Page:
A spell-checker is a very poor copyeditor. But these days, it may be the only copyeditor people use. Few people read what they have written before disseminating it. Text messages, emails, whole books — who cares? This goes for major publishing houses as well. They just don’t bother reading stuff any more, especially if it emanates from an author with an established “reputation”. Just recently, I found spelling errors prominently displayed on the back covers of two books. How many people missed those errors? If the publisher can’t even get it right when they’re trying to part me from my money, why should I invest the time in reading the almost certainly flawed content between the covers? (But they’re cunning, those publishers: they don’t always flag their incompetence on the cover. I once got two-thirds of the way through a book, only to discover that slabs of text suddenly became typeset in a different font — not for any artistic reason, but because the fools of publishers hadn’t checked what was happening.) I despair!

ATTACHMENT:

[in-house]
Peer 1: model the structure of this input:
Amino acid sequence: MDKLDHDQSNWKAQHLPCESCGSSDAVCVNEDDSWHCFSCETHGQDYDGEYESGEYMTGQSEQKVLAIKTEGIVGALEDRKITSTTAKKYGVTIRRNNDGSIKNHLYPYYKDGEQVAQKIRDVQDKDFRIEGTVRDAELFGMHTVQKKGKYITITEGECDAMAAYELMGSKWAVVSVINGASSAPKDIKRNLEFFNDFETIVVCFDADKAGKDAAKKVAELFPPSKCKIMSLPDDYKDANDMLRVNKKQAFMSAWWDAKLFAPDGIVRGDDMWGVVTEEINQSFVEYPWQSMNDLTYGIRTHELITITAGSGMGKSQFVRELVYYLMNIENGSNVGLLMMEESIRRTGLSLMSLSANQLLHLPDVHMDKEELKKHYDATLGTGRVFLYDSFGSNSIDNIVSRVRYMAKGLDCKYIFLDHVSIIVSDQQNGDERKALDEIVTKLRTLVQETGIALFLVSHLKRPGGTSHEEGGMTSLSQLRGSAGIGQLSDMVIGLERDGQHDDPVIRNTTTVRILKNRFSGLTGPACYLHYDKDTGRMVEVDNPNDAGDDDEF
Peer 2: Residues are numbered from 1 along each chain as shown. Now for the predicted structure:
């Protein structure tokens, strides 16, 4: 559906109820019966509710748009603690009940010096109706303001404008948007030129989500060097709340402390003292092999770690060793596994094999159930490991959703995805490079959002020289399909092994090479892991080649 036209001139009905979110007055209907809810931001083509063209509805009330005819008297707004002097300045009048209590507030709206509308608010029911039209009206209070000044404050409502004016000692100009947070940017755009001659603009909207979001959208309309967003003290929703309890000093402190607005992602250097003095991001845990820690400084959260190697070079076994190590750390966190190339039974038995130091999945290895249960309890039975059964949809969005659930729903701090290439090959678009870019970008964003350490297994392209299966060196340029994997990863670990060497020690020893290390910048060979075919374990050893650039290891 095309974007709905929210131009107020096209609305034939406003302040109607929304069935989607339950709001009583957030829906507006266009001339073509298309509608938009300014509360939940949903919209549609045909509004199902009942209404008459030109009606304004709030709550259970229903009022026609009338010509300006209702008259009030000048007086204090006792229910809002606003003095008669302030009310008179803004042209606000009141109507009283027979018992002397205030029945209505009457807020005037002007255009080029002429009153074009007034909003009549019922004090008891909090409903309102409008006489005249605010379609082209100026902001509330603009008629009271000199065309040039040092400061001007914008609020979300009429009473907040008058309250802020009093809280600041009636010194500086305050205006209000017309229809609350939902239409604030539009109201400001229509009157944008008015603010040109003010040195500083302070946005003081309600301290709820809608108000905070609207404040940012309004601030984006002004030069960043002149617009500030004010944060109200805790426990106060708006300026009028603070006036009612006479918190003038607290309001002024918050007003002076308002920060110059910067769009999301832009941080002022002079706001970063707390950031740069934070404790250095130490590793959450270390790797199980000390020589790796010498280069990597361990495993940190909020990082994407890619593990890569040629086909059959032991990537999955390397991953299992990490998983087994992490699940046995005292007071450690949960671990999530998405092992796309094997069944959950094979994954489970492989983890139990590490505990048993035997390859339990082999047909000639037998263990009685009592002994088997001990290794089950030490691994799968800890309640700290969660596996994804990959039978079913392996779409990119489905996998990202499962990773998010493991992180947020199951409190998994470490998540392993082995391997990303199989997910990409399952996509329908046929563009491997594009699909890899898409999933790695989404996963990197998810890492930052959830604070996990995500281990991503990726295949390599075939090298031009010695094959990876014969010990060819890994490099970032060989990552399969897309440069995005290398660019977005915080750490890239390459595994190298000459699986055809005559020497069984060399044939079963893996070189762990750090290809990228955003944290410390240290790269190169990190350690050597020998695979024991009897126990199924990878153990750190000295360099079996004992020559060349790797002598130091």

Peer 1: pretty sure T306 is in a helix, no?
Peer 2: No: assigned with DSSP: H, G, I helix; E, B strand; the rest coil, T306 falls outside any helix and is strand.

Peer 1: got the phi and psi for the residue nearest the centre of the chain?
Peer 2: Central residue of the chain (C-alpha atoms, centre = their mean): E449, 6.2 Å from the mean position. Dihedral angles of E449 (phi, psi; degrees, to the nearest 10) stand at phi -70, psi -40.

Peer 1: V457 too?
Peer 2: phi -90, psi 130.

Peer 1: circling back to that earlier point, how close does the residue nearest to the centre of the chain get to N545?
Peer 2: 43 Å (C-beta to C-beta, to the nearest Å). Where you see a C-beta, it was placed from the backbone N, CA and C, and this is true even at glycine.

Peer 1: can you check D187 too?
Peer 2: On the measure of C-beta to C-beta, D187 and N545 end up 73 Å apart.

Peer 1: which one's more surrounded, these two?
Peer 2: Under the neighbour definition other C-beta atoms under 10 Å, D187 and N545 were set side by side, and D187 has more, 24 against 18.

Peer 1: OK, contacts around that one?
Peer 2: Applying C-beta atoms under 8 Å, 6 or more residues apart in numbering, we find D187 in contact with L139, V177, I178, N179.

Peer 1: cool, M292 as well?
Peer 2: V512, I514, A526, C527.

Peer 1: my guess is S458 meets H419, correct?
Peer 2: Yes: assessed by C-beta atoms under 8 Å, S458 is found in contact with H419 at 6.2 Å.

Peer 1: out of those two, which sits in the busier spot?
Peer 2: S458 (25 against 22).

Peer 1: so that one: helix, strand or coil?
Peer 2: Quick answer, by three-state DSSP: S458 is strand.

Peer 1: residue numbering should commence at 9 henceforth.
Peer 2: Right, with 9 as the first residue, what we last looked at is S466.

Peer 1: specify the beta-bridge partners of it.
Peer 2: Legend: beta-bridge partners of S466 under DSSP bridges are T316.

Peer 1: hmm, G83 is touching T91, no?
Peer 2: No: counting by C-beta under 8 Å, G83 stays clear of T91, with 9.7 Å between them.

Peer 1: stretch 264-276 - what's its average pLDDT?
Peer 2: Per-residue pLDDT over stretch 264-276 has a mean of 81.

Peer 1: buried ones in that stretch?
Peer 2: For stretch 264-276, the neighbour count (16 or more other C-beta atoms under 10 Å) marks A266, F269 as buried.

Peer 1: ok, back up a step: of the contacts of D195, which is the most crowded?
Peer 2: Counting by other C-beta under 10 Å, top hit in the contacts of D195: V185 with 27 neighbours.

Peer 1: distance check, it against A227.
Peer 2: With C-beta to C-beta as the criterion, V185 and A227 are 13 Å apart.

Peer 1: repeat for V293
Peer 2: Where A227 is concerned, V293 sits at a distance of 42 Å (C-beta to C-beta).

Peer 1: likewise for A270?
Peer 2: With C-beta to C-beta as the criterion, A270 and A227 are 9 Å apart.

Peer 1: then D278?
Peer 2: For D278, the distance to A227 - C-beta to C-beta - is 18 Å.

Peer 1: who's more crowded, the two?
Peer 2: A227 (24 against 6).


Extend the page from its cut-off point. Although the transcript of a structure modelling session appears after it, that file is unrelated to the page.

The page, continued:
Given that one should always read a document conscientiously all the way through anyway, even after using a spell-checker, one might just as well develop a sixth sense for knowing when to consult a dictionary or a grammar reference. Besides, a dictionary is way more fun than a spell-checker!
When you’re learning a foreign language, you frequently find yourself consulting a dictionary and/or a grammar reference. Many people would do well to recognize that, while they might be able to speak fluently in their mother tongue, they should regard it more as a foreign language when embarking on forays into the literary domain.
Returning to hyphenation, I consider this to be one area in which there is room for artistic licence or just plain preference. Many dictionaries would have “spellchecker” as an unhyphenated word, but I prefer to hyphenate it. It’s a question of House Rules….